A Tale Dark and Grimm by Adam Gidwitz
|A Tale Dark and Grimm by Adam Gidwitz|
|Category: Confident Readers|
|Reviewer: Linda Lawlor|
|Summary: These are fairy tales as we imagine they used to be, full of blood and gore and dire warnings about treacherous adults. But in this version, there's one difference: the hero and heroine of all the tales are the same two children, Hansel and Gretel. Find out why they fled from their family, and their struggles to find happiness in a world full of witches, dragons and a bunch of apologetic ravens.|
|Buy? Yes||Borrow? Yes|
|Pages: 272||Date: August 2011|
|External links: Author's website|
Not many books begin with the hero and heroine losing their heads (literally) before page thirty. And that's not the only misfortune to befall Hansel and his sister. No sooner are their heads and necks reunited, and they've fled their murderous parents, than the two children find themselves in front of an edible house. And we all know what happens if you eat people's homes, don't we? Well, maybe.
This is a book which is going to provoke strong feelings. Firstly, there's the issue of the violence and bloodshed. No details are spared, no quarter given in the description of precisely what happens to the two unfortunate children on their travels. On the other hand, these are fairy tales, where all manner of horrible things regularly occur. Besides, the reader is given fair warning before each bloody scene, and told to send the frail and the delicate away before proceeding. And that leads to the other issue. The author frequently addresses us directly, in a sarcastic, nudging sort of way which recalls the strident advice of Lemony Snicket, and which thereby implicates the reader in the horror. It's your own fault, it seems to say: you chose to read this bit, so don't complain if it makes you sick or stops you sleeping. Of course, the violence is never quite as bad as you expect, and in no way rivals the truly sadistic punishments meted out in the average cartoon on TV. Still, many children will love to be in on the joke, to be allowed to enjoy something others may not, even though the arch tone and oft-repeated effects (like pages with only a couple of words on them) may grate on some. You either love it or you hate it.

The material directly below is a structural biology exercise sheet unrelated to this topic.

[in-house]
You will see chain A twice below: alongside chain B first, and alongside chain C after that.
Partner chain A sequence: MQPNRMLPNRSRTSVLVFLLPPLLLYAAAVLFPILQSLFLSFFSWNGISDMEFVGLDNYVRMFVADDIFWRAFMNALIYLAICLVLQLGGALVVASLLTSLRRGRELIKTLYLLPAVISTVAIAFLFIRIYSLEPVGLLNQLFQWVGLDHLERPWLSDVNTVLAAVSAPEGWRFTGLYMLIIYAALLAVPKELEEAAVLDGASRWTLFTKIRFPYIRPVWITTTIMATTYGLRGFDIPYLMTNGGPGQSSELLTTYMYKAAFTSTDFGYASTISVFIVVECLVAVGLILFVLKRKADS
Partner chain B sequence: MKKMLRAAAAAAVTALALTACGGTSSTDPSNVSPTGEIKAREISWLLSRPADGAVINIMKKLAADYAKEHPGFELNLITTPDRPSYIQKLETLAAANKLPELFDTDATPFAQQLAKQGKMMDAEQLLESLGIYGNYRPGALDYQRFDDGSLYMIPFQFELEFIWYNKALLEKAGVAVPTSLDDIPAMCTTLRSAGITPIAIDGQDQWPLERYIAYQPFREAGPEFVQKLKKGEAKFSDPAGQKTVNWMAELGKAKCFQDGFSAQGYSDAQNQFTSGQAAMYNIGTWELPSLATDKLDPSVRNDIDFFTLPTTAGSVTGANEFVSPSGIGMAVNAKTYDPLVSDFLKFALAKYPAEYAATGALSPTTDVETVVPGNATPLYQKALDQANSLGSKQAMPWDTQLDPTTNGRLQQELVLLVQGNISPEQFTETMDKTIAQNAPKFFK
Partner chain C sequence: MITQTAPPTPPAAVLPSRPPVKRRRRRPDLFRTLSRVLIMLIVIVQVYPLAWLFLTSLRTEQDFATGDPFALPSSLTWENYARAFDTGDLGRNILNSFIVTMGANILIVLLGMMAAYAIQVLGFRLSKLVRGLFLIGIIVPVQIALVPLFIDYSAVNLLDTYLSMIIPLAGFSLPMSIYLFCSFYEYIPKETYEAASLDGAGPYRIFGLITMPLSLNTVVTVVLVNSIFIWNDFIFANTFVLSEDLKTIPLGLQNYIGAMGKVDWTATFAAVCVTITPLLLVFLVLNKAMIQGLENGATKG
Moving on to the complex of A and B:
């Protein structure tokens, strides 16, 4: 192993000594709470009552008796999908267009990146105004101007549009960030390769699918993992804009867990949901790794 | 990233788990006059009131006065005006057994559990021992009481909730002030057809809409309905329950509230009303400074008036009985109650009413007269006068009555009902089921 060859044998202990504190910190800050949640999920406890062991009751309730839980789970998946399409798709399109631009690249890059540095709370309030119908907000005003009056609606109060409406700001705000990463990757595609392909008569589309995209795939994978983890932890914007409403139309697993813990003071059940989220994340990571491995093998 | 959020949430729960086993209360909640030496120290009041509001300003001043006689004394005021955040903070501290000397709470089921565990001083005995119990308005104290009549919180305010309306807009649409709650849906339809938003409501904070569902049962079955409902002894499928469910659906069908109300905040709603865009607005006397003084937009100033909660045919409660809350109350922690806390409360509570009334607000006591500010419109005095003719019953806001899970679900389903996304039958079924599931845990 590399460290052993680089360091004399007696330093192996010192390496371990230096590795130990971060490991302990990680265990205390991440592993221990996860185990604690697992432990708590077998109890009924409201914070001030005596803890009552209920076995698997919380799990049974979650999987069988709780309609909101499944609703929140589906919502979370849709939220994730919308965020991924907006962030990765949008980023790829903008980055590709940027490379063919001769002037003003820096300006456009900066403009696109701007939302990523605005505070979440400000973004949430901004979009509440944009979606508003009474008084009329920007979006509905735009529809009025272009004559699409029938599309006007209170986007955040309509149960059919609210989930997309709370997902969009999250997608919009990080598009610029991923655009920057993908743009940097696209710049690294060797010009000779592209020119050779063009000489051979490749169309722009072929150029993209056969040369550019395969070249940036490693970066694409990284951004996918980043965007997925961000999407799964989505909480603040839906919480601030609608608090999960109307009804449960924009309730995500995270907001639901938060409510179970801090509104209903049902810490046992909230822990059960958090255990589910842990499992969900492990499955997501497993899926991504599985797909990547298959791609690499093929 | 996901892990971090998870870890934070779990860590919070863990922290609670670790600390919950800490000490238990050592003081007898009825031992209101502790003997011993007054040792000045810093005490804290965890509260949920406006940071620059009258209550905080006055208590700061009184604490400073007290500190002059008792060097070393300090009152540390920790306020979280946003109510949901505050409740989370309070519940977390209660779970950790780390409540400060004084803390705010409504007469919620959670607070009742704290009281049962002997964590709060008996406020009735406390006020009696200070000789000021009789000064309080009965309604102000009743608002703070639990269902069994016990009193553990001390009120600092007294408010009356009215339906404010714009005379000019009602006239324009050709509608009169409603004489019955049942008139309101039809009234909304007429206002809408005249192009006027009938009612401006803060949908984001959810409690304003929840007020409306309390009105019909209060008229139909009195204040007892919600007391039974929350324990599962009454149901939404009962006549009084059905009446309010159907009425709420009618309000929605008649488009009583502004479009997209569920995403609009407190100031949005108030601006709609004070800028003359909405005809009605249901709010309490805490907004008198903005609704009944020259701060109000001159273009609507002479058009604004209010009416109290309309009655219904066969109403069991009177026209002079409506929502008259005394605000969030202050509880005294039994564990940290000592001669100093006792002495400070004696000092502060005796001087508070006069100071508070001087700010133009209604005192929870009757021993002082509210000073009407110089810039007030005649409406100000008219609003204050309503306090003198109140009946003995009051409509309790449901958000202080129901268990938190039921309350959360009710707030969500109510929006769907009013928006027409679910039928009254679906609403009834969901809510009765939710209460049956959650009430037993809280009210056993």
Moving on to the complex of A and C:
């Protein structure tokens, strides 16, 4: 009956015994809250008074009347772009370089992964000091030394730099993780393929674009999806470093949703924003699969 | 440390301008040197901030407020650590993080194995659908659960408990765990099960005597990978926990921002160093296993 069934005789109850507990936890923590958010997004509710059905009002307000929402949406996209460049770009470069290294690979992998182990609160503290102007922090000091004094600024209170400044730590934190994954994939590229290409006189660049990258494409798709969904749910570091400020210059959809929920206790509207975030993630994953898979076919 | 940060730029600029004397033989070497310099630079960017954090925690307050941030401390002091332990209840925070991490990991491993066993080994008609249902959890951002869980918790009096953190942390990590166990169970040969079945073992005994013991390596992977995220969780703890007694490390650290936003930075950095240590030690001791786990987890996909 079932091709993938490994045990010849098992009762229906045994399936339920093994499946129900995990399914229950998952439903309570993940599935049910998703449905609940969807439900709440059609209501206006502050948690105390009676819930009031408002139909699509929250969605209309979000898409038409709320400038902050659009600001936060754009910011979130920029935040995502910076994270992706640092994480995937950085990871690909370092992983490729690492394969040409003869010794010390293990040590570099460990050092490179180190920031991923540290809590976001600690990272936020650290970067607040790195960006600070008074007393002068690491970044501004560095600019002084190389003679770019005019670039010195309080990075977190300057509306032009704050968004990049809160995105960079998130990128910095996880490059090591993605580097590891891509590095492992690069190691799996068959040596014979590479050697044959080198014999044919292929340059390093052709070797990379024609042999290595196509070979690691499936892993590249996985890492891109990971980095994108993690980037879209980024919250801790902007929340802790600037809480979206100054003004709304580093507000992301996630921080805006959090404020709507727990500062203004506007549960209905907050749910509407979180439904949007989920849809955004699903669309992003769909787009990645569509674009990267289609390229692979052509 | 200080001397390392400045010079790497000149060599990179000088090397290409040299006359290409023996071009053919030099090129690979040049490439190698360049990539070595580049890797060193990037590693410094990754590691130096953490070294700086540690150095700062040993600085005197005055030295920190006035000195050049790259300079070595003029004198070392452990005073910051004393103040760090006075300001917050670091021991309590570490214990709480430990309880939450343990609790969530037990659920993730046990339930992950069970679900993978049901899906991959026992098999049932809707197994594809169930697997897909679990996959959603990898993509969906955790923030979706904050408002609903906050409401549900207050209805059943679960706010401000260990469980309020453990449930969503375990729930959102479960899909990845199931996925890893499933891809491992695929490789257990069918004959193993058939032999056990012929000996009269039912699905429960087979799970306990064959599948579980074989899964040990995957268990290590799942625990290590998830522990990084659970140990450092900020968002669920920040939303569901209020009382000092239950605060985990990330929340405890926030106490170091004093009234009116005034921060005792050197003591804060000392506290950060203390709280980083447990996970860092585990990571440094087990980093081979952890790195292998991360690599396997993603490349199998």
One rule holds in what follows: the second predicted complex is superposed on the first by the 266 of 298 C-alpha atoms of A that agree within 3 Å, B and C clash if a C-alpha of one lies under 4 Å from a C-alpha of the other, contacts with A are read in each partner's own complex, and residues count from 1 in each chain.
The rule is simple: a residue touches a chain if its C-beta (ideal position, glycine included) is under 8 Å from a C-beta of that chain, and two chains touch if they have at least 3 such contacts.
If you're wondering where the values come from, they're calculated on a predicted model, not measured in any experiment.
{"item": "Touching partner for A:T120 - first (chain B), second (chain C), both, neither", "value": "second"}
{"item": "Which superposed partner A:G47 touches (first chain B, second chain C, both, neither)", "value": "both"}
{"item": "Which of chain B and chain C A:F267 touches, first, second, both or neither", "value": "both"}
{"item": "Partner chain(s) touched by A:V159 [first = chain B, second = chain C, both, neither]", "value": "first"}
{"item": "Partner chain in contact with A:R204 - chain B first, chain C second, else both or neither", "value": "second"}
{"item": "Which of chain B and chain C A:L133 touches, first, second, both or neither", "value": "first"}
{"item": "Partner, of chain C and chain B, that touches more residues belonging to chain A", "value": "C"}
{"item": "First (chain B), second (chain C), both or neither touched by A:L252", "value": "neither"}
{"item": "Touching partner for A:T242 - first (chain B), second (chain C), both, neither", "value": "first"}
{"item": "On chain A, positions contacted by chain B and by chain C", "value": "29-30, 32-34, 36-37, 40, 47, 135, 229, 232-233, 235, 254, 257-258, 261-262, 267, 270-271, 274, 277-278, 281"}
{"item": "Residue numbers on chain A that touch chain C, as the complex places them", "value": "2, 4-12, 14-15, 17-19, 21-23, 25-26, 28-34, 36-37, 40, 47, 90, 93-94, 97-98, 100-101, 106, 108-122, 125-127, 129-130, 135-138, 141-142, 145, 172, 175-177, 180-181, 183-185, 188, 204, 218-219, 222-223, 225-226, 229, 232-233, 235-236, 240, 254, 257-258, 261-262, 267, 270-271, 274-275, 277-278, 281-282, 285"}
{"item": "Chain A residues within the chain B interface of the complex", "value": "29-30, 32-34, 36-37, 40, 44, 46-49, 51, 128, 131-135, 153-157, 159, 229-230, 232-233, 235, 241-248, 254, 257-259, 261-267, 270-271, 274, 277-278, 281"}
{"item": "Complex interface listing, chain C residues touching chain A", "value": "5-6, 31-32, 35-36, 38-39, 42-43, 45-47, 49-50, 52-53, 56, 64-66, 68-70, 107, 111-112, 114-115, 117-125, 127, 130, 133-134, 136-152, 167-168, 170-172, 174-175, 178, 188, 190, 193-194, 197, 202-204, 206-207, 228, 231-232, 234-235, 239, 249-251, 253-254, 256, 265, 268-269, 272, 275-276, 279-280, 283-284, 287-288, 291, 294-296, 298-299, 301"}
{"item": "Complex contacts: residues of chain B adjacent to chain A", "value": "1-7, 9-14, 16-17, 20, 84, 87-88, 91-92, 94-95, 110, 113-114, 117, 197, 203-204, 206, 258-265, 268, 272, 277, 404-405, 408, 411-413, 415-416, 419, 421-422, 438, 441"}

The warnings themselves are skilfully done, as the alternative activities proposed for small children become more and more ghastly in themselves, and therefore more funny, especially to those who suffer the trials and tribulations of a younger brother or sister. Add to that the overall message that adults, even parents, might not be completely perfect in every way, and the reader is immediately in solidarity with the author against the world. Of course, the world described is so extreme and so fantastic that it bears no relation to the ordinary world of homework and breakfast cereal and bike-rides . . .
The way the stories are combined, and the role Hansel and Gretel play in each one is a tour de force of imagination. One of the most striking is Red Riding Hood: not the adorable little girl in a red hood, skipping through the forest to take fairy cakes to her grandmother, which the author assures us would make any self-respecting reader pass out on the floor with boredom, but an altogether more sinister interpretation. And watching the Devil help his grandmother set the table for dinner in a later story is sure to provoke giggles. The premise is clever, and the plot well-constructed; the fact that there are layers and layers of complexity in the message need not trouble the young reader overmuch if all he or she wants is a funny, frightening and rather gross story. If you accept this book on its own terms, and not trouble yourself overmuch about character development or stylistic devices, you will probably love it. Just be careful what you eat beforehand.
I'd like to thank the publishers for sending a copy to the Bookbag.
Further reading suggestion: A deservedly famous retelling of an old tale is The Sword in the Stone by T H White. If you only know this in the film version, it's time to read the funny, exciting original. And for another mix of fairy tales, but without the yuck factor, try The Wide-Awake Princess by E D Baker.
You can read more book reviews or buy A Tale Dark and Grimm by Adam Gidwitz at Amazon.co.uk.
You can read more book reviews or buy A Tale Dark and Grimm by Adam Gidwitz at Amazon.com.
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